Find A Safe Way To Have Nursing Home Visits

There has been a lot of press recently about relatives being unable to visit their family members who are in nursing homes during this time of COVID-19. Much of the discourse revolves around how much people miss their parents or grandparents whom they have been unable to visit.

To my mind, attention should actually be more focused on those who are confined in the nursing homes. They desperately need to have this family interaction. Being alone, especially if you are dying, is a terrible thing.

The restrictions on visits in nursing homes is understandable because the elderly are the most vulnerable to the disease, and if COVID gets inside a facility it can spread rapidly.

I have a cousin and her husband who live in an assisted care facility near Chicago. They have been very fortunate in that there have, as yet, been no infections within that facility. Yet, they miss terribly the periodic visits they used to enjoy with their three sons. I try to stay in touch with them by phone.

Their facility has found a way to test caregivers coming into the building, and still keep people safe. It would seem to me that there should be a way to test and evaluate family members so that they too could come to see their siblings, parents or grandparents.

For a starter, perhaps there could be a designated space or area in these health facilities where extra precautions could be taken requiring distancing and masks, where people could actually see and interact with each other. It could be separated from the housing or residential areas, and residents could be taken there to meet with family members.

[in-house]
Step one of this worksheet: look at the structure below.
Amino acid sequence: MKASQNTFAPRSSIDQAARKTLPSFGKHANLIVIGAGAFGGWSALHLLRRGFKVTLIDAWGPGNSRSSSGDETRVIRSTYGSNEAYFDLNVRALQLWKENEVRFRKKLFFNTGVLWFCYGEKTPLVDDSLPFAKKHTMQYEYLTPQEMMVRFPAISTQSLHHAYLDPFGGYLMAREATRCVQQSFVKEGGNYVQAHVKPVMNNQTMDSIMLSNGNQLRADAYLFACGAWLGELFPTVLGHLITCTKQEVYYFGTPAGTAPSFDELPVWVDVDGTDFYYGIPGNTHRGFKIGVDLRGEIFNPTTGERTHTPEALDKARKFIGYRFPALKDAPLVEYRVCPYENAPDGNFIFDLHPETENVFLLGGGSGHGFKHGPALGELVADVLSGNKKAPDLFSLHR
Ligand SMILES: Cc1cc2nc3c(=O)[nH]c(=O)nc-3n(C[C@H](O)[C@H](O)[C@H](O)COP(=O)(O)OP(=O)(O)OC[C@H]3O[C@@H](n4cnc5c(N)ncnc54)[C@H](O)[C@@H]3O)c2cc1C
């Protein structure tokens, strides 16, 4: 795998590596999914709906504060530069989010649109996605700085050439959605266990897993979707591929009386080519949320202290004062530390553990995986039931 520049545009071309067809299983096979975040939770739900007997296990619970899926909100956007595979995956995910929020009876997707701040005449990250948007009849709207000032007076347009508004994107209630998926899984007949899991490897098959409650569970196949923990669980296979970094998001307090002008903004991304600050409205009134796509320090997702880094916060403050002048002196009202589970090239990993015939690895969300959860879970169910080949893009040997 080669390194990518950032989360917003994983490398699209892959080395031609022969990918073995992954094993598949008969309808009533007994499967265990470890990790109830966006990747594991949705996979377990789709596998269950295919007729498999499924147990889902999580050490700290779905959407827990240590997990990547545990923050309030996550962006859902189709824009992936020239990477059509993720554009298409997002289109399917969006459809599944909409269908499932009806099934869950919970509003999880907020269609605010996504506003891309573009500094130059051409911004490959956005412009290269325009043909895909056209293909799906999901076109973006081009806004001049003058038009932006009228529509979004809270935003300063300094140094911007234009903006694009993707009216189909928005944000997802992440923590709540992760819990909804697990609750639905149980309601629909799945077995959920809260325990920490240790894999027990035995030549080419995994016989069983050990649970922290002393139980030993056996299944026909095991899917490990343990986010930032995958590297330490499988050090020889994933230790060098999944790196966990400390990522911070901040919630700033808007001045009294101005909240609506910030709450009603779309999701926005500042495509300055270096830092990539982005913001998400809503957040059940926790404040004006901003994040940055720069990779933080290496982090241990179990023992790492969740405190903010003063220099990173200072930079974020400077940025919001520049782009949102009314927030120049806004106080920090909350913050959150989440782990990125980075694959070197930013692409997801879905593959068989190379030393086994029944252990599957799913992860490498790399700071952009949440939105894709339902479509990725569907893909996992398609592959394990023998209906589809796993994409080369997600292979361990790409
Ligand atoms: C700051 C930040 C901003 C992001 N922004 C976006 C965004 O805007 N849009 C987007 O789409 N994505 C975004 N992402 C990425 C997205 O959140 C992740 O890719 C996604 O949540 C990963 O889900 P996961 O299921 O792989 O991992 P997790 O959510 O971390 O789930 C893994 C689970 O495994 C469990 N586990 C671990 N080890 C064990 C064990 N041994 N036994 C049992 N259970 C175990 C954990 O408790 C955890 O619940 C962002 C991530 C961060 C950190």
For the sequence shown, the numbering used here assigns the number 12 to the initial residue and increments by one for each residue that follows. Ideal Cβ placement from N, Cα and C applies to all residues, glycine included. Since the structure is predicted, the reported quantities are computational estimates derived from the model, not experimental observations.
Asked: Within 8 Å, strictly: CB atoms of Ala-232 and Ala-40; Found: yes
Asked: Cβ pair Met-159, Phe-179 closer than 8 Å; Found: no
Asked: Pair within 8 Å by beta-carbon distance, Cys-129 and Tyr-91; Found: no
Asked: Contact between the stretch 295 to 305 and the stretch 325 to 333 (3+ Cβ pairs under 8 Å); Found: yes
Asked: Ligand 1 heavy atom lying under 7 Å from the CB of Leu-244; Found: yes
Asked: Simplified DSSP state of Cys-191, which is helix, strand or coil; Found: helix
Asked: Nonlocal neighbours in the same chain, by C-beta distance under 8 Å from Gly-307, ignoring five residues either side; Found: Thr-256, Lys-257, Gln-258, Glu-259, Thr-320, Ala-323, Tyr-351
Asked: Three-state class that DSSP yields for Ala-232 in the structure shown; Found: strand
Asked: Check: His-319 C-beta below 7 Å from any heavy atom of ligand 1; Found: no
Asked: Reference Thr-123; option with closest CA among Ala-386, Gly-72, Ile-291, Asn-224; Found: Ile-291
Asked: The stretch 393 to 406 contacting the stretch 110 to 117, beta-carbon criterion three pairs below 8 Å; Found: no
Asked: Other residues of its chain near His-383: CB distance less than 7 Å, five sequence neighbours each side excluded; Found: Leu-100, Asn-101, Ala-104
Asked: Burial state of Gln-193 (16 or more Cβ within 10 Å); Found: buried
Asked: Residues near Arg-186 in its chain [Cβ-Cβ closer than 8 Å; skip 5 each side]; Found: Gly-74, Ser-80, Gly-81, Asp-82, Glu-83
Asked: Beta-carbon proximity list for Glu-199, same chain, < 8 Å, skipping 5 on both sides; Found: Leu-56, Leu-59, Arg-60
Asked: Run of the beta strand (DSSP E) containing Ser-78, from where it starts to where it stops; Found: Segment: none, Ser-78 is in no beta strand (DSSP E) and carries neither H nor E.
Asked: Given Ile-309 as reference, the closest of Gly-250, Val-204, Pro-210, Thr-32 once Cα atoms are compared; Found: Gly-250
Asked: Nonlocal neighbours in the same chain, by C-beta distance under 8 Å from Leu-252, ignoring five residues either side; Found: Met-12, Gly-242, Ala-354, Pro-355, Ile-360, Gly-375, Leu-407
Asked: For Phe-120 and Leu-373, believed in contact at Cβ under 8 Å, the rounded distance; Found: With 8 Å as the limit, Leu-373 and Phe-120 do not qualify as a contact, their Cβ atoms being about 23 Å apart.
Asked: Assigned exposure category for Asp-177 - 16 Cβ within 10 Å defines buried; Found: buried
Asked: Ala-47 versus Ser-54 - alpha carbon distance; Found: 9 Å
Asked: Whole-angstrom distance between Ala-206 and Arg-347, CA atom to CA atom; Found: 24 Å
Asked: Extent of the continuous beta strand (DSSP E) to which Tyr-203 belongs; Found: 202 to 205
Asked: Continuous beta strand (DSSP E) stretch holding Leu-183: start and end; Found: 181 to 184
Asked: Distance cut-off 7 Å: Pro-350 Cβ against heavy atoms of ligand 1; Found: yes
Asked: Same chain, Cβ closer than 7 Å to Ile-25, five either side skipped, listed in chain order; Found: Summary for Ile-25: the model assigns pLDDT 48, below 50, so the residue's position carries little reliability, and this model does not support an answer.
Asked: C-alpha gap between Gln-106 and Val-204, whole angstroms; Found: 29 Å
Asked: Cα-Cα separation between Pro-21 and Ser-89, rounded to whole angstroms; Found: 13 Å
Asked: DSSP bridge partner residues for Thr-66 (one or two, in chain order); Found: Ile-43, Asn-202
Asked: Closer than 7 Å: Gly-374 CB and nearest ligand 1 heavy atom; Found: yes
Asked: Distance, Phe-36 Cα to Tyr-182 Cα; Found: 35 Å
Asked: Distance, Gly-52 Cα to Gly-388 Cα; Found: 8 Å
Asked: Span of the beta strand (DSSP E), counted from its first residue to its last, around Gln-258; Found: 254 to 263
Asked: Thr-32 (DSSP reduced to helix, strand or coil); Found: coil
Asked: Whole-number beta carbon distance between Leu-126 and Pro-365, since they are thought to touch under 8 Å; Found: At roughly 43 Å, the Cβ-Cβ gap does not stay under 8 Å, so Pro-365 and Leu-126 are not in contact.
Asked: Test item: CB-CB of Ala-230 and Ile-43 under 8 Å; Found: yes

Those visiting would need to be tested or at least be checked for any COVID related symptoms before entering. Visits would be scheduled so that patients and loved ones could meet in a private setting, and the number of simultaneous visits would be limited as to space available within the facility.

As one in that senior age group which is susceptible to COVID infection, my greatest fear has not been in dying from the disease. What worries me most is becoming infected and then becoming isolated from my family and friends. As the song by Joe Diffie goes, “I ain’t afraid of dyin’.” That doesn’t worry me. It is the thought of dying alone without the presence and support of loved ones which petrifies me.

When Medicaid was created in the 1960’s, it was lauded as a victory for senior citizens. Sick and old people would now have a place to receive proper care without regard to financial ability. It was in many ways an advancement from the days when there was no social safety net for the elderly.

However, no matter how nice a health care facility is, in times like this it can become like a prison. Few can come in, and no one can get out. The sooner we can find a safe way for residents in these facilities to see and visit their loved ones, the better off we will all be.

Rolland Kidder is a Stow resident.


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